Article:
It’s pretty obvious to any bibliophile that we can learn a lot from the books we read. Not only can they offer more practical guidance, but they also provide examples of how to cope—or, in some cases, not cope—with whatever life throws at us. The list below consists of seven novels that tackle life in the wake of tragedy. From airplane crashes to gun violence to catastrophic fires, these stories offer a fascinating glimpse into the many different ways that people can choose to go on after unspeakable heartbreak. It’s truly remarkable how a talented novelist can make such difficult themes so much easier to process as a reader, and we are grateful to them for reminding us of the incredible resiliency of human beings.
So Much Life Left Over by Louis de Bernieres
“Superb. . . . [A] heart-gladdening and heartbreaking drama.” —Minneapolis Star Tribune
They were an inseparable tribe of childhood friends whose world was torn apart by the First World War. Some were lost in battle, and those who survived have had their lives unimaginably upended, scattered to Ceylon and India, France and Germany, and, inevitably, back to Britain. Now, at the dawn of the 1920s, all are trying to pick up the pieces. Told in brief, dramatic chapters, So Much Life Left Over follows the stories of these old friends over the decades as their paths re-cross or their ties fray, as they test loyalties and love, face survivor’s grief and guilt, and adjust to a new world.
“Haunting . . . Daring . . . Ackerman’s spare but vivid prose conveys everything it needs to convey.” —Boston Globe
Eden was once big and bold and physical. His fellow Marines nicknamed him “BASE Jump.” But now Eden lies in a bed, unable to move or speak. His wife Mary spends every day on the sofa in his hospital room. He has never even met their young daughter. And he will never again see the friend and fellow soldier who didn’t make it back home—the soldier who narrates the novel as he waits for Eden to finally, mercifully die and join him in whatever comes after.
But one Christmas, Eden’s re-ordered consciousness flickers back to life. As he struggles to find a way to communicate, some troubling truths about his marriage–and about his life before he went to war—come to the surface. Is Eden the same man he once was: a husband, a friend, a father-to-be? When so much is lost, what makes a life worth living?
“Emotional . . . sinks its hooks into you from the very first sentence.” —Marie Claire
First grader Zach Taylor is in his classroom when a gunman enters the school auditorium and the unthinkable happens, irrevocably changing the very fabric of this close-knit community.
While Zach’s mother pursues a quest for justice, and Zach’s father retreats into his work, Zach finds solace in the healing world of books and art. Armed with his new insights, and the optimism and stubbornness only a child could have, Zach becomes determined to help the adults in his life rediscover the universal truths of love and compassion they need to pull them through their darkest hour.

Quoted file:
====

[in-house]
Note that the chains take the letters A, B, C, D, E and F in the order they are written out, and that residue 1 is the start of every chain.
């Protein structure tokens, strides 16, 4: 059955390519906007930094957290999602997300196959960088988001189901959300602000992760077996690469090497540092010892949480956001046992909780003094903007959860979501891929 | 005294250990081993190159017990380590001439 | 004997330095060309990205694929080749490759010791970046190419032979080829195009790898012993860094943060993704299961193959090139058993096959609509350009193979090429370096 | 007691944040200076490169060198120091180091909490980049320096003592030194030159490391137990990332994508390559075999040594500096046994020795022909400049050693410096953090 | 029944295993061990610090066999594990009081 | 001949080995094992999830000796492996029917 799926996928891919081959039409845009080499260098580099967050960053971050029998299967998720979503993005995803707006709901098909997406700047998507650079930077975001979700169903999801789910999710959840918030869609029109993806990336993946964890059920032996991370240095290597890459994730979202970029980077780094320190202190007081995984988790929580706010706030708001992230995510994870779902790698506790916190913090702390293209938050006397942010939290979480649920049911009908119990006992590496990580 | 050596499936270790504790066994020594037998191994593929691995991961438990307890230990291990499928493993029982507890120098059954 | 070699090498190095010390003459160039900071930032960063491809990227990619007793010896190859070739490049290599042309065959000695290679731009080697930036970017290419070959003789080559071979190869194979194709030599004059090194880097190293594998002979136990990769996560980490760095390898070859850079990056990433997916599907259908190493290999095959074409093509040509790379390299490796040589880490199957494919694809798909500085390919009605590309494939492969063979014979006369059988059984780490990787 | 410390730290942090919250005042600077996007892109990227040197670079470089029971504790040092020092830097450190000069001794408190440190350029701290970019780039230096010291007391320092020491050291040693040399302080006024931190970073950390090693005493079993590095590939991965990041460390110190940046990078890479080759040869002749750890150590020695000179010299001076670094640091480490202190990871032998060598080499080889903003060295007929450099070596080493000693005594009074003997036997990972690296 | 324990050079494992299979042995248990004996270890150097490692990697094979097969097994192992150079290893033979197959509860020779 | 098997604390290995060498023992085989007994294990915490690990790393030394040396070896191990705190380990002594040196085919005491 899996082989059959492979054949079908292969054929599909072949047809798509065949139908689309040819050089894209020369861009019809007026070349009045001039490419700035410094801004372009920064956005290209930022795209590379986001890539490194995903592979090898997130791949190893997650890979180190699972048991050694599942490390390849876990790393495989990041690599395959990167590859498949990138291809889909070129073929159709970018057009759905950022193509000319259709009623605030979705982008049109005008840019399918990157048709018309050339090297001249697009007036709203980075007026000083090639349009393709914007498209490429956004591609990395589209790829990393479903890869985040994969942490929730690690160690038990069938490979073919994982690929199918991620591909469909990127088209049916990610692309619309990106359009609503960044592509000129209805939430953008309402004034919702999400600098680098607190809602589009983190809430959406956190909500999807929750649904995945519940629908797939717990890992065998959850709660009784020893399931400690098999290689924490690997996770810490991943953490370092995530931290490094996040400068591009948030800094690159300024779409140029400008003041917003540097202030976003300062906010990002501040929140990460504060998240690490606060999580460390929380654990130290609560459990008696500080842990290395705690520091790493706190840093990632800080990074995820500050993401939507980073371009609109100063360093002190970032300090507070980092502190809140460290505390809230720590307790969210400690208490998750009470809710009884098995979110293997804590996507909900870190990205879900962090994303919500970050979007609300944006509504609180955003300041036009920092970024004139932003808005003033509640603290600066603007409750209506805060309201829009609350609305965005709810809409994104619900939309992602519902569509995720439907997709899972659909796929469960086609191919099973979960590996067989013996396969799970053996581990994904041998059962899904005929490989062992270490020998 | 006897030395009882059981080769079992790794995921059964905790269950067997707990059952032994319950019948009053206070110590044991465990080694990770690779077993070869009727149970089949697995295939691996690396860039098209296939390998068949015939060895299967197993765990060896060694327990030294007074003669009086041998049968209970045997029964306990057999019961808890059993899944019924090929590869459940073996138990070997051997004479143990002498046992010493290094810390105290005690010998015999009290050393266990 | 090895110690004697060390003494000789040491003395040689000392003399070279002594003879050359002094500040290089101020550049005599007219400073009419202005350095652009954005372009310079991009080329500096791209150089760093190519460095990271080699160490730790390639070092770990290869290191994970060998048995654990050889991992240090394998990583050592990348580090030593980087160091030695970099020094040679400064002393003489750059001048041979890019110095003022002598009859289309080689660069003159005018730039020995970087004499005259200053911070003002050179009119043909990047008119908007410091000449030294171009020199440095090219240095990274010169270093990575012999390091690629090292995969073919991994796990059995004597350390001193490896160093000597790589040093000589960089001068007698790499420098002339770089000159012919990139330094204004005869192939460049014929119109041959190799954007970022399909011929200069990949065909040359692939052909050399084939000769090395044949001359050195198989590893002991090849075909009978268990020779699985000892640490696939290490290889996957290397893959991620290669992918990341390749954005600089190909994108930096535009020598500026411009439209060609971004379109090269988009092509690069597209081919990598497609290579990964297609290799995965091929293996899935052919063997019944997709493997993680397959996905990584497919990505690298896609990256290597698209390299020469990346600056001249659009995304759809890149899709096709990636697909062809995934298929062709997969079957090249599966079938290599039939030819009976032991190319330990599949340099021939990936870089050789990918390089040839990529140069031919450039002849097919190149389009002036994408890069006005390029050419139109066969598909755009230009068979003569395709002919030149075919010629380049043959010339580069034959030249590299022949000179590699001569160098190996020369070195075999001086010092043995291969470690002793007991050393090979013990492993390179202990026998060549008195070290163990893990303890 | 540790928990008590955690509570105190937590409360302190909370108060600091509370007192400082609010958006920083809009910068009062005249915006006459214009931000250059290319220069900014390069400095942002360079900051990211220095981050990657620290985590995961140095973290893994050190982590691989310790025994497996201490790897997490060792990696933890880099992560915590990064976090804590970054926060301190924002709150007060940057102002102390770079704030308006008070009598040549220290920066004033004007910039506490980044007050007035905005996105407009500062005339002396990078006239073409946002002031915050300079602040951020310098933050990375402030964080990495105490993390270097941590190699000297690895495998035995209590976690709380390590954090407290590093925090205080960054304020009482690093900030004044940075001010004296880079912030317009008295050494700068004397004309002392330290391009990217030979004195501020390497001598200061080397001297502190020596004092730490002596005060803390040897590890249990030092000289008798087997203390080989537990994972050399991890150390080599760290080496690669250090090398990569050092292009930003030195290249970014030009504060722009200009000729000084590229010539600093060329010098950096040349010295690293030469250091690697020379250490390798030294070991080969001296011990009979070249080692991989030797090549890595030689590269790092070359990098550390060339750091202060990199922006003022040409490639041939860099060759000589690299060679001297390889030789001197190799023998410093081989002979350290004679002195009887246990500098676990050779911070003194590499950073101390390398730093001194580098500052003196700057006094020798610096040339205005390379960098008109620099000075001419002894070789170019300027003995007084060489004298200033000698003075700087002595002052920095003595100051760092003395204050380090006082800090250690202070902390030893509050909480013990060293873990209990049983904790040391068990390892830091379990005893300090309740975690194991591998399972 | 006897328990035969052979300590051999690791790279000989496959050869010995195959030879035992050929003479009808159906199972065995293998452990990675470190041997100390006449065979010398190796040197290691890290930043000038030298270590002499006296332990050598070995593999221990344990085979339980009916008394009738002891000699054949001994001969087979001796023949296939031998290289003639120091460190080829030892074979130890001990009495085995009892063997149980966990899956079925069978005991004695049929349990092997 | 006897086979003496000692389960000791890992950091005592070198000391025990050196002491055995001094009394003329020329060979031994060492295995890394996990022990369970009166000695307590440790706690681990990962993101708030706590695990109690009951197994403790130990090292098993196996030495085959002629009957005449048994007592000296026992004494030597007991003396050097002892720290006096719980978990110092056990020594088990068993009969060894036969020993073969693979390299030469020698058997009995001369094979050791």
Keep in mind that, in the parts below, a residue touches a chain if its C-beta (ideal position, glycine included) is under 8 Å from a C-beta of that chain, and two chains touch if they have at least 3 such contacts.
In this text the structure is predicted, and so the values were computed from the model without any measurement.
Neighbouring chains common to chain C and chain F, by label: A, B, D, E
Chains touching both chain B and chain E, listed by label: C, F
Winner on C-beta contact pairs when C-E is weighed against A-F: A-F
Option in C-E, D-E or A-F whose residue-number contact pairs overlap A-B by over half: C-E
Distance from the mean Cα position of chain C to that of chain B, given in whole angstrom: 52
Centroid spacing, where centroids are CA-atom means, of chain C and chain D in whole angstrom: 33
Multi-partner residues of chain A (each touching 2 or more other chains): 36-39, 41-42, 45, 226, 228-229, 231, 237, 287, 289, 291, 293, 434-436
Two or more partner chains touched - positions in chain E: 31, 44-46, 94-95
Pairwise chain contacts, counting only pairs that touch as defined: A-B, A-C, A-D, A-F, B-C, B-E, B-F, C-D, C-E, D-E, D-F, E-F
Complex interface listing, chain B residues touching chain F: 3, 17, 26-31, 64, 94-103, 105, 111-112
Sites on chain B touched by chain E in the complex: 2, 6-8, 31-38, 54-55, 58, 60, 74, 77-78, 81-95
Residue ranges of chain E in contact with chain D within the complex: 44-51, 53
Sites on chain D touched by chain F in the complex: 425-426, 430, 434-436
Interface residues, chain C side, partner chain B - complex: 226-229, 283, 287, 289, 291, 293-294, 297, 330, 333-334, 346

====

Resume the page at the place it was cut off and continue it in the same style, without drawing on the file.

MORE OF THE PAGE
“Rhidian Brook’s arresting novel brings vividly to life a little-told aspect of World War II.” —Claire Messud
In the bitter winter of 1946, Rachael Morgan arrives with her only remaining son Edmund in the ruins of Hamburg. Here she is reunited with her husband Lewis, a British colonel charged with rebuilding the shattered city. But as they set off for their new home, Rachael is stunned to discover that Lewis has made an extraordinary decision: they will be sharing the grand house with its previous owners, a German widower and his troubled daughter. In this charged atmosphere, enmity and grief give way to passion and betrayal.
“A delight . . . a graceful comic novel about getting through life.”—The Wall Street Journal
Travel writer Macon Leary hates travel, adventure, surprises, and anything outside of his routine. Immobilized by grief, Macon is becoming increasingly prickly and alone, anchored by his solitude and an unwillingness to compromise his creature comforts. Then he meets Muriel, an eccentric dog trainer too optimistic to let Macon disappear into himself. Despite Macon’s best efforts to remain insulated, Muriel up-ends his solitary, systemized life, catapulting him into the center of a messy, beautiful love story he never imagined.
“[A] page-turner, emotionally resonant and down-to-earth. . . . Like reconnecting with a long-lost friend.” —The New Yorker
In this brilliant new novel Judy Blume takes us back to the 1950s and introduces us to the town of Elizabeth, New Jersey, where she herself grew up. Here she imagines and weaves together a vivid portrait of three generations of families, friends, and strangers, whose lives are profoundly changed during one winter. Their warm and resonant stories are set against the backdrop of a real-life tragedy that struck the town when a series of airplanes fell from the sky, leaving the community reeling.
“Precise, evocative prose brings the story’s vivid characters to life…original and gripping.” —People
In October 1947, Grace Holland is experiencing two simultaneous droughts. An unseasonably hot, dry summer has turned the state of Maine into a tinderbox, and Grace and her husband, Gene, have fallen out of love and barely speak. One night she awakes to find that wildfires are racing down the coast, closer and closer to her house. Forced to pull her children into the ocean to escape the flames, Grace watches helplessly as everything she knows burns to the ground. By morning, her life is forever changed. With courage and stoicism, Grace overcomes devastating loss and, through the smoke, is able to glimpse the opportunity to rewrite her own story.